Allegations that Chinese literati were not curious about European science in the seventeenth and eighteenth centuries are untrue. The Jesuits devised an accommodation approach in China that focused on mathematics and astronomy—an approach that differed from the method they used in Japan, India, Persia, and Southeast Asia, as well as the New World. To gain the trust of the throne and its literati, Matteo Ricci (1552–1610) and his followers prioritized natural studies and mathematical astronomy during the late Ming and early Qing precisely because they recognized that literati and emperors were interested in such fields. They realized that such interest would improve the cultural environment for converting the Chinese to Christianity.

The failure of the Jesuit mission and other Europeans to transmit scientific and mathematical knowledge during and after the Kangxi reign was not due to Chinese disinterest alone, although the Yongzheng emperor did not view them as favorably as did his father. The Chinese absence of knowledge about eighteenth century scientific developments in Europe resulted in part from the break in scientific transmission that the demise of the Jesuits and their schools in Europe during the eighteenth century caused, which deprived Chinese of information about new trends there. The Jesuit demise delayed information from Europe about the role of calculus as the engineer’s toolkit, for example, and mechanics as the physicist’s building blocks for almost a century.13

The technical competence of the Jesuits in the China mission during the eighteenth century ranged from surveying methods to cannon-making. They also introduced pulley systems, sundials, telescopes, water-pumps, musical instruments, clocks, and other mechanical devices. Their European enemies accused the Jesuits of making themselves useful to local rulers for their personal advantage rather than in the name of Christianity. In addition, emperors, their courts, and literati families welcomed Western goods and manufactures, which reverberated in the material culture of Qing novels such as Dream of the Red Chamber.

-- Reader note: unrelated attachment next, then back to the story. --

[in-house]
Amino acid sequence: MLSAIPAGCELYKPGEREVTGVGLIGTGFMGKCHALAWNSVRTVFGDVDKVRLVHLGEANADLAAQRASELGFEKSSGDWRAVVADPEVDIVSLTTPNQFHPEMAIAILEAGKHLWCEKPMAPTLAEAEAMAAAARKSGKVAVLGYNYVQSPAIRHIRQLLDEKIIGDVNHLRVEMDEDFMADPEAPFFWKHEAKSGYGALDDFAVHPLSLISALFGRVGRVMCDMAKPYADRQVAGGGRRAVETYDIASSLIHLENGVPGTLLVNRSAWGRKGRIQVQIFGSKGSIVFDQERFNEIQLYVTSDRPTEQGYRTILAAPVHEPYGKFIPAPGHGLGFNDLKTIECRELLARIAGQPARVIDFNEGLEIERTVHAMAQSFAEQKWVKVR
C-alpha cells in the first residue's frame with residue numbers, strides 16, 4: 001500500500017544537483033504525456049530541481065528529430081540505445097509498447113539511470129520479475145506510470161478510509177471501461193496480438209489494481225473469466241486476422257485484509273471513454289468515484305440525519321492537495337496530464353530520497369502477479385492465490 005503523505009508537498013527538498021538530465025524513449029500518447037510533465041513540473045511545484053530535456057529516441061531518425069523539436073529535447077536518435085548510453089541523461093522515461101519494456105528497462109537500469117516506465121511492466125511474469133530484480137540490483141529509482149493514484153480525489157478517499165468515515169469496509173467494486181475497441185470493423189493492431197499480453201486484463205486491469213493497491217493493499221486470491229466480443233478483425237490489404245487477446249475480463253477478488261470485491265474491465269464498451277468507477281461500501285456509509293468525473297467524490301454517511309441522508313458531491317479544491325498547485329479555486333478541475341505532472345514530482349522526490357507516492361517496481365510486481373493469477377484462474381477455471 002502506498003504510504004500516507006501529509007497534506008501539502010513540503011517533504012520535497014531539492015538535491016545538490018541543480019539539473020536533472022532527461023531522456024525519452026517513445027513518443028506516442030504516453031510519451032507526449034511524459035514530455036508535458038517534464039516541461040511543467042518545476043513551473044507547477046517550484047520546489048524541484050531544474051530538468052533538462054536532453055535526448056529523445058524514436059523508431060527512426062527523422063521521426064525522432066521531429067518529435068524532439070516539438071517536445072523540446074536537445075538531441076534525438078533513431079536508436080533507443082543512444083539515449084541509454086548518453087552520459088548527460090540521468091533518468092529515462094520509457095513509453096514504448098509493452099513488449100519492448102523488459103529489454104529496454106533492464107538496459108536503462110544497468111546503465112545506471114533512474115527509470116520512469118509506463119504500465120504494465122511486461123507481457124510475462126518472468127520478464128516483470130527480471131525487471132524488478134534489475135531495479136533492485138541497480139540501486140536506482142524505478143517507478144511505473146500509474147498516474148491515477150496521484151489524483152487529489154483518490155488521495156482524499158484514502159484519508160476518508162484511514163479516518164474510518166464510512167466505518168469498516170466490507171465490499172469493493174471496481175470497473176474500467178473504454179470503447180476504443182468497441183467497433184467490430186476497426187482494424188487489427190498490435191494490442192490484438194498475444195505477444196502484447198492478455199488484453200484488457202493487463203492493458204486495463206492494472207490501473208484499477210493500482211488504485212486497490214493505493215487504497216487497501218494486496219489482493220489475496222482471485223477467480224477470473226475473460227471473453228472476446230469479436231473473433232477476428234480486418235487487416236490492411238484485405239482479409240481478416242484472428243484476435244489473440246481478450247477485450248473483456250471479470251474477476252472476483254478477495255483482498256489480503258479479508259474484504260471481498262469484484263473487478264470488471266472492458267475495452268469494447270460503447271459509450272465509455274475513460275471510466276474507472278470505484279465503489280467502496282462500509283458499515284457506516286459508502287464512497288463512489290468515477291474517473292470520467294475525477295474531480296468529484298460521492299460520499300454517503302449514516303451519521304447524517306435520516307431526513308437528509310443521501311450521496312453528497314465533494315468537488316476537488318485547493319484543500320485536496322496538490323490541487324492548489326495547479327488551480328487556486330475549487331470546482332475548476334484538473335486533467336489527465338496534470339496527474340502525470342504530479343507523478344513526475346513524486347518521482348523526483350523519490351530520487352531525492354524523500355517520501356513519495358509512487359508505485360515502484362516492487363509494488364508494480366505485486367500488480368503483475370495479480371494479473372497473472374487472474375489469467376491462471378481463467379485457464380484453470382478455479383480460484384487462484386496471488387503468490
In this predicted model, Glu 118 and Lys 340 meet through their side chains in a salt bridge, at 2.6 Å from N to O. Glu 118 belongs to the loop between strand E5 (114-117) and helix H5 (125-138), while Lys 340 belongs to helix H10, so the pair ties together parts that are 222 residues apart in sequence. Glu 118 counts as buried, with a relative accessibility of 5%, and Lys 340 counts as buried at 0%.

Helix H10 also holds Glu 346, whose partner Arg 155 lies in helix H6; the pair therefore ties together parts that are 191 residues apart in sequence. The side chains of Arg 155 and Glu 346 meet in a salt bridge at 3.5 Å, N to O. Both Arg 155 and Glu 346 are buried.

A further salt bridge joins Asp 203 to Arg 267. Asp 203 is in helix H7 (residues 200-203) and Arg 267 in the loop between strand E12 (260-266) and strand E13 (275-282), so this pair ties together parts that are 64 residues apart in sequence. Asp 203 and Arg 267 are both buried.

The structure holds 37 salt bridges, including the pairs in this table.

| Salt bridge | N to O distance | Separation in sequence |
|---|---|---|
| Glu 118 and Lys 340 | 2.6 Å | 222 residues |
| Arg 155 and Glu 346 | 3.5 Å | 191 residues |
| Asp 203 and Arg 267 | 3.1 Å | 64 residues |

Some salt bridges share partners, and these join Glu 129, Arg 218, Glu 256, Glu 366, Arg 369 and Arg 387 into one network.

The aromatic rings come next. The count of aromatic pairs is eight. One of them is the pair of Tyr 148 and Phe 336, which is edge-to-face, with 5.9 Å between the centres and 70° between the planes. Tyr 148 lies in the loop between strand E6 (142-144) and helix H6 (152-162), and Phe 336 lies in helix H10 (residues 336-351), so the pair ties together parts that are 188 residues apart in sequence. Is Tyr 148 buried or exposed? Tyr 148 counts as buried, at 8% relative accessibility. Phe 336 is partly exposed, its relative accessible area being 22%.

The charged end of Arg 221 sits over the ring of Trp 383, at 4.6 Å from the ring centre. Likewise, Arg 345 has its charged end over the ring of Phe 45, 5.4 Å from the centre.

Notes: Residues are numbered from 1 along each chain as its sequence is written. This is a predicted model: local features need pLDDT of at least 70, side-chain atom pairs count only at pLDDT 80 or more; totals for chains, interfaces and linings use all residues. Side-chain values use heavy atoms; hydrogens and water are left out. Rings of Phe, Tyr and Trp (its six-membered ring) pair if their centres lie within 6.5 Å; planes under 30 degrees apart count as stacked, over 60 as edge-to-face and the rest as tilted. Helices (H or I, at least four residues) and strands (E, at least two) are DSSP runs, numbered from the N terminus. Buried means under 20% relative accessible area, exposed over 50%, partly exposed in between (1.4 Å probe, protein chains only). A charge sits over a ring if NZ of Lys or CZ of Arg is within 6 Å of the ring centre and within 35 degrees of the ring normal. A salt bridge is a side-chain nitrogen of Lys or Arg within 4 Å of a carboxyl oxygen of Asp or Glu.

Initially, the Chinese required a higher degree of astronomical expertise than Ricci could provide because Ming needs focused on eclipse prediction based on cyclical time, not the determination of the linear date for Easter. Gregorian reformers in the 1570s had not worried about eclipses. Because their preference was for better cosmology, the Jesuits in China went beyond the geocentric Ptolemaic world after Ricci’s death and mastered the new Tychonic geoheliocentric world system. Once this was accomplished, however, the work of Jesuits in the Astro-calendric Bureau became regulatory rather than explorative.

Armed with the intellectual and instrumental tools provided by Brahe and his followers, the Jesuits solved the problems they were hired to undertake. They did not keep up with newer scientific developments in Europe, which more and more were products of northern European Protestants outside the Church. Consequently, the Tychonic system was still used to train astronomers in Qing China during the late nineteenth century. The Manchu emperors reproduced the institutional models for translation that Ming literati such as Xu Guangqi (1562–1633) had created with the help of Matteo Ricci and Li Zhizao (1565–1630).

The breakdown of the Jesuit consensus in the eighteenth century coincided with increasing Chinese self-reliance in mathematical training and acceptance of European learning as rooted in China’s ancient classics. Under imperial patronage, literati upgraded mathematical studies from an insignificant skill in 1700 to an important domain of knowledge that complemented classical learning by 1800. One irony of the failure of the French Jesuits to keep up in mathematics and science was that, although French Jesuits had corresponded with Leibniz (1646–1716), the inventor of the notational forms for the calculus that French engineers employed during the eighteenth century, the Jesuits—not the Chinese— failed to see beyond the Figurist mysteries they read into the binary mathematics in the order of the sixty-four hexagrams of the Change Classic (Yijing), a divination text of imminent transformations that took its final form as one of the Five Classics during the Han dynasty.